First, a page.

I really want to like Jack Tretton. He seems like a nice guy. He has a confident Sensodyne smile and a suit starched up to the balls with confidence. I'm sure if I shook his hand, I'd be hypnotised by his highly-polished hyperbole. Truth be known - Jack Tretton is the ultimate in fanboys. Not only that, he's a corporate fanboy too. A fanboy who means business if business means throwing mud at the competition. It doesn't get me mad in the way it did when I was myself a fanboy, more that it gets me mad as a fully-paid-up member of the games industry.

C'mon, Jack. What's with this?

 "Our view of the Game Boy experience is that it's a great babysitting tool, something young kids do on airplanes, but no self-respecting twenty-something is going to be sitting on an airplane with one of those. He's too old for that."


I'm a self-respecting thirty-something and I have had some great experiences on the DS. That's a classic throwdown that any self-respecting fanboy throws out there - Nintendo is for kids. Far from it. Say what you like about the Wii, it's expanded the gaming audience like you wouldn't believe. Jack failed to mention that massive percentage of females who game on the DS too. Surely Jack knows that this is only good for the very industry he's a part of? Those "self-respecting twenty-somethings" probably have more than just their Nintendos to play with. Heck, they probably own something Sony-branded too.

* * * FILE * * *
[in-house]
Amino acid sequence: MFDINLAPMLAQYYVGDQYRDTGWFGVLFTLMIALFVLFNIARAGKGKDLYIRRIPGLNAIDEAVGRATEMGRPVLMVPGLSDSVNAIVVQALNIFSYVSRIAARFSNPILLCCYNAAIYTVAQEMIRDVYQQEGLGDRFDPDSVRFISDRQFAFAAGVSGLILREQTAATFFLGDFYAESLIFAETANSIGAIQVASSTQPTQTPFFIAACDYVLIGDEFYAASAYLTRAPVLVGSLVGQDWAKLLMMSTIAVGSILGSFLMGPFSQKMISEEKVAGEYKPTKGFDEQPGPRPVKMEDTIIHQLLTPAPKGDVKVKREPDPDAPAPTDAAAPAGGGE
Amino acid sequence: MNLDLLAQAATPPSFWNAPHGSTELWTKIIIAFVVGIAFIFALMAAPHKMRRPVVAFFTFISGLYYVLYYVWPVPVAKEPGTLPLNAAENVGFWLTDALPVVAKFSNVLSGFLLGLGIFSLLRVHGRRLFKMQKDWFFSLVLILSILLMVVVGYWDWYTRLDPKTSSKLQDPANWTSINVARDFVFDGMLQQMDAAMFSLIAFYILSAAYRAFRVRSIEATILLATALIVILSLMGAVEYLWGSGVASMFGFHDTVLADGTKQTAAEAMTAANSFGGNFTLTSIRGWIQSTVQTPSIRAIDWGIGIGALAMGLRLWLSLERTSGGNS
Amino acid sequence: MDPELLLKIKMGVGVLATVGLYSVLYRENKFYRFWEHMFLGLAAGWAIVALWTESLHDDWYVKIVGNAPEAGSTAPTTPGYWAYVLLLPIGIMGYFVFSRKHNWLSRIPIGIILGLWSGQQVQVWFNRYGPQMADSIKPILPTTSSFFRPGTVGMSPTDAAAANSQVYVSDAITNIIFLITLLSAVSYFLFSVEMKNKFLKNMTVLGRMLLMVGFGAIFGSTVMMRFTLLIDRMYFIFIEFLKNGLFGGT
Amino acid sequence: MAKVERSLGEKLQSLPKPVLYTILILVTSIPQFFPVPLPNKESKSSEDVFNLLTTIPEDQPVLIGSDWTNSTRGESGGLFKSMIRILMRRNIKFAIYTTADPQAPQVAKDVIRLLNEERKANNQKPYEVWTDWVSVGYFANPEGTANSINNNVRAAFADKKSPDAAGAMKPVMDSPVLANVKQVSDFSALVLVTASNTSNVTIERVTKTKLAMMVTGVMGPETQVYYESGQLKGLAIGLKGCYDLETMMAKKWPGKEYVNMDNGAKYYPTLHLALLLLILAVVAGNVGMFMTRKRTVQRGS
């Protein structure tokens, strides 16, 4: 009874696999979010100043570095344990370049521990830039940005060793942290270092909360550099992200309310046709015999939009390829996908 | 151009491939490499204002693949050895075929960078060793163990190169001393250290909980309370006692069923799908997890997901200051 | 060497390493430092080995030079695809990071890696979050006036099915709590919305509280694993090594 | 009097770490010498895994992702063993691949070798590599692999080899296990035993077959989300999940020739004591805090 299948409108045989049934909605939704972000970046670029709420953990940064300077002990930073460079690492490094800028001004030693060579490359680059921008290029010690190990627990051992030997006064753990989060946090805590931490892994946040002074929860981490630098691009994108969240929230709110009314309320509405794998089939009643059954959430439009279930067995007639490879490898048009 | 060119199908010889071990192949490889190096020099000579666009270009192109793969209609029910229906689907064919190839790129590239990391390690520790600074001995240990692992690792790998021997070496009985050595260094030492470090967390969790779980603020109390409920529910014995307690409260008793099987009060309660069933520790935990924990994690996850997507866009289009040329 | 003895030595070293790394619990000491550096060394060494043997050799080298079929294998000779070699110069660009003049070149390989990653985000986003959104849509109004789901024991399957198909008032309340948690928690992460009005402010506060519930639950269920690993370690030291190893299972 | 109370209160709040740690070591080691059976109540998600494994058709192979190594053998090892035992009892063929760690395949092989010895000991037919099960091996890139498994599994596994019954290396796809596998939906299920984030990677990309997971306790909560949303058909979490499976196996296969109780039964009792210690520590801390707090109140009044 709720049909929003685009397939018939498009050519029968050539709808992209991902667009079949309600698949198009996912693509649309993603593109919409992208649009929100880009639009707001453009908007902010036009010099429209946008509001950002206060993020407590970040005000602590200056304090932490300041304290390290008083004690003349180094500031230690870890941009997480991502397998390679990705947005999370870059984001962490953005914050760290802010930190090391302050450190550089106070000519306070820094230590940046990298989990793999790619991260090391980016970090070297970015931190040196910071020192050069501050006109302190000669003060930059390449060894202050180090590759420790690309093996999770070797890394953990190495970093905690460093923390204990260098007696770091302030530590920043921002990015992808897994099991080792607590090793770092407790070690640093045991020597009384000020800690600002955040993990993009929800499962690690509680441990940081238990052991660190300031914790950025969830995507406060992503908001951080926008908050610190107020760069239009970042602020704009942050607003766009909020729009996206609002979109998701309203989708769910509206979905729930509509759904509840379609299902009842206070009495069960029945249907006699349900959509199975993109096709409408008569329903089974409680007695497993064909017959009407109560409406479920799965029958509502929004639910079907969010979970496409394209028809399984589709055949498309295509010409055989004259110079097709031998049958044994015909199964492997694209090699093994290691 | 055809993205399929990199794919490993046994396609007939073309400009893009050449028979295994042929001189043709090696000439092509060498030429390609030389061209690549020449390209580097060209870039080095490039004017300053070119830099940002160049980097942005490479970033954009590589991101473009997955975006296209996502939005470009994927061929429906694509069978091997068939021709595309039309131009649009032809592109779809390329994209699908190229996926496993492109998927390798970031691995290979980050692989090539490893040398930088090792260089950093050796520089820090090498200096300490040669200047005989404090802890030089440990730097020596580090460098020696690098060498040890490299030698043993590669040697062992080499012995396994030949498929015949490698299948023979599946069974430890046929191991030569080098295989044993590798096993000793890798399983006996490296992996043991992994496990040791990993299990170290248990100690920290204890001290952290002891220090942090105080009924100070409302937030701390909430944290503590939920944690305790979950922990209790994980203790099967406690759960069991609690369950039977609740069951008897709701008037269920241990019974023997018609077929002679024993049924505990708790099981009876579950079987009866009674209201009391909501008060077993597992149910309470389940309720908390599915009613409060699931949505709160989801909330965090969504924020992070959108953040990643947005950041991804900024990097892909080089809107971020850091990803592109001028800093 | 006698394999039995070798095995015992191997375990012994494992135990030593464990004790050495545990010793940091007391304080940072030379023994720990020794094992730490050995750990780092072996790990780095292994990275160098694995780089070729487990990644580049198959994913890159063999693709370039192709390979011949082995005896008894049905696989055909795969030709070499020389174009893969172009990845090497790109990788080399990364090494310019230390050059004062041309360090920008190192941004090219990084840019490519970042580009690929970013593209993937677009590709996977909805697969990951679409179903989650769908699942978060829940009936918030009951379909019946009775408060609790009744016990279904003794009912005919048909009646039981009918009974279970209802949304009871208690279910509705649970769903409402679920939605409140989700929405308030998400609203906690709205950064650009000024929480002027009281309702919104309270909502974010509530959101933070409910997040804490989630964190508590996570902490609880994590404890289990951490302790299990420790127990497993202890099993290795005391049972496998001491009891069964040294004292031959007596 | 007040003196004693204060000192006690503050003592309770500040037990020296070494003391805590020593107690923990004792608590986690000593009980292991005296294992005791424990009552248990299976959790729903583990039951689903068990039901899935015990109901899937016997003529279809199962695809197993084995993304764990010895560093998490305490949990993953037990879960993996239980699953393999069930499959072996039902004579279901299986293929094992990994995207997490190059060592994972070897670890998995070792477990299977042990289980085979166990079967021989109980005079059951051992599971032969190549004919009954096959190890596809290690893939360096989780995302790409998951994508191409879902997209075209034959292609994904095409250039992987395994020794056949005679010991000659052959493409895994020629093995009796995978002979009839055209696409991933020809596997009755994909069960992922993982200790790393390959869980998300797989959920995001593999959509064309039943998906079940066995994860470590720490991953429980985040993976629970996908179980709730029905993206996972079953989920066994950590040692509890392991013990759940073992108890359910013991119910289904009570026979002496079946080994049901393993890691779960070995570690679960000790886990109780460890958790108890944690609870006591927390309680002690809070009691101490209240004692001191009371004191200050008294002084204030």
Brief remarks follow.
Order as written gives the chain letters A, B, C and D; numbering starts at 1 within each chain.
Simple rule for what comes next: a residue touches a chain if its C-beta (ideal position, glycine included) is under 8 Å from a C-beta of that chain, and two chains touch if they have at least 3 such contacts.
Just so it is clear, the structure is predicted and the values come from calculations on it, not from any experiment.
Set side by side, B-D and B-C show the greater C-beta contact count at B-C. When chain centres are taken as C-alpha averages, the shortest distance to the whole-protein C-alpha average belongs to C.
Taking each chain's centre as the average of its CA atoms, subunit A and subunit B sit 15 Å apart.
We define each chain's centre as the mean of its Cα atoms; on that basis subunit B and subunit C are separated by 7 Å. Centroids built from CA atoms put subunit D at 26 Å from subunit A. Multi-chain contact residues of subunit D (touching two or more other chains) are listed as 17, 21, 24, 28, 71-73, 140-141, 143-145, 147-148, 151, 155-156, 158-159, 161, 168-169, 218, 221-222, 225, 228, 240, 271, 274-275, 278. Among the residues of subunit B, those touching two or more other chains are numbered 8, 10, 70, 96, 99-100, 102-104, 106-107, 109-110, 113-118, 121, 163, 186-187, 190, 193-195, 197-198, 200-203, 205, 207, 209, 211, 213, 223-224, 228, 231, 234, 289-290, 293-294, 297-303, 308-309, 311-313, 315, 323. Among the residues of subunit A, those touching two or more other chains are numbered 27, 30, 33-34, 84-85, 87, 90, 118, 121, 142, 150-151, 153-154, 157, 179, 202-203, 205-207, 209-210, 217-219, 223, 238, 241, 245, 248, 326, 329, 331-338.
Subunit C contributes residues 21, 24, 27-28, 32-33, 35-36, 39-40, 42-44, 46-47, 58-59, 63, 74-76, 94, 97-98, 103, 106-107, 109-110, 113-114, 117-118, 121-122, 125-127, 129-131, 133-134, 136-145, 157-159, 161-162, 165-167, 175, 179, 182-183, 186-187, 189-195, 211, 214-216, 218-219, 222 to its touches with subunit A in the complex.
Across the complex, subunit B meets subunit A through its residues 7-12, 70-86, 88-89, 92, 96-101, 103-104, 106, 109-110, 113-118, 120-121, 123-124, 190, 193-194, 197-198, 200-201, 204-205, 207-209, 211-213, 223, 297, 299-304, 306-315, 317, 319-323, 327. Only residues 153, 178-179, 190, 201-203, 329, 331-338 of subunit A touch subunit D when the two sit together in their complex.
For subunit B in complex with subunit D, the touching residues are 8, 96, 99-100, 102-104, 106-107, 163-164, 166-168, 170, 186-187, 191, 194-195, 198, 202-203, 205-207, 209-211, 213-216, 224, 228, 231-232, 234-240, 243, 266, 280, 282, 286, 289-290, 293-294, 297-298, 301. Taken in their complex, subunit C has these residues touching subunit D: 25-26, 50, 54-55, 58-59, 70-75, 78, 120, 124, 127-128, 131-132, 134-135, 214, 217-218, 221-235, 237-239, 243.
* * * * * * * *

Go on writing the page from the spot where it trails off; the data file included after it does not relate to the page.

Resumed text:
Nintendo were creating gaming experiences with playing cards waaaaay before Masaru Ibuka - co-founder of Sony - was even born. I Wikipiedia'd him too. He looked like a decent bloke. He wouldn't diss the competition, Jack. Have some professionalism for once in your life, sir. Maybe some measured judgement? Maybe realise that the world's pretty fucked up right now and some solidarity wouldn't go amiss?

I don't think he cares though. Stuff like this only turns people against each other even more than usual. The more mature members of the gaming community (of which there are quite a few and thanks to the passage of time, continuing to grow) all sigh a collective "Oh, Jack. Not again." as we double-facepalm ourselves once more and watch with horror as the younger members of the gaming community take Old Man Jack's kneejerk press release as a pointless call to arms. Comment sections of the world implode with pedantic fact shouters and die-hard dick-comparing deviants. A part of me fears that the Sony Research Machine is already going through those comment sections with a virtual comb, gleening some kind of viable information out of this familiar debacle.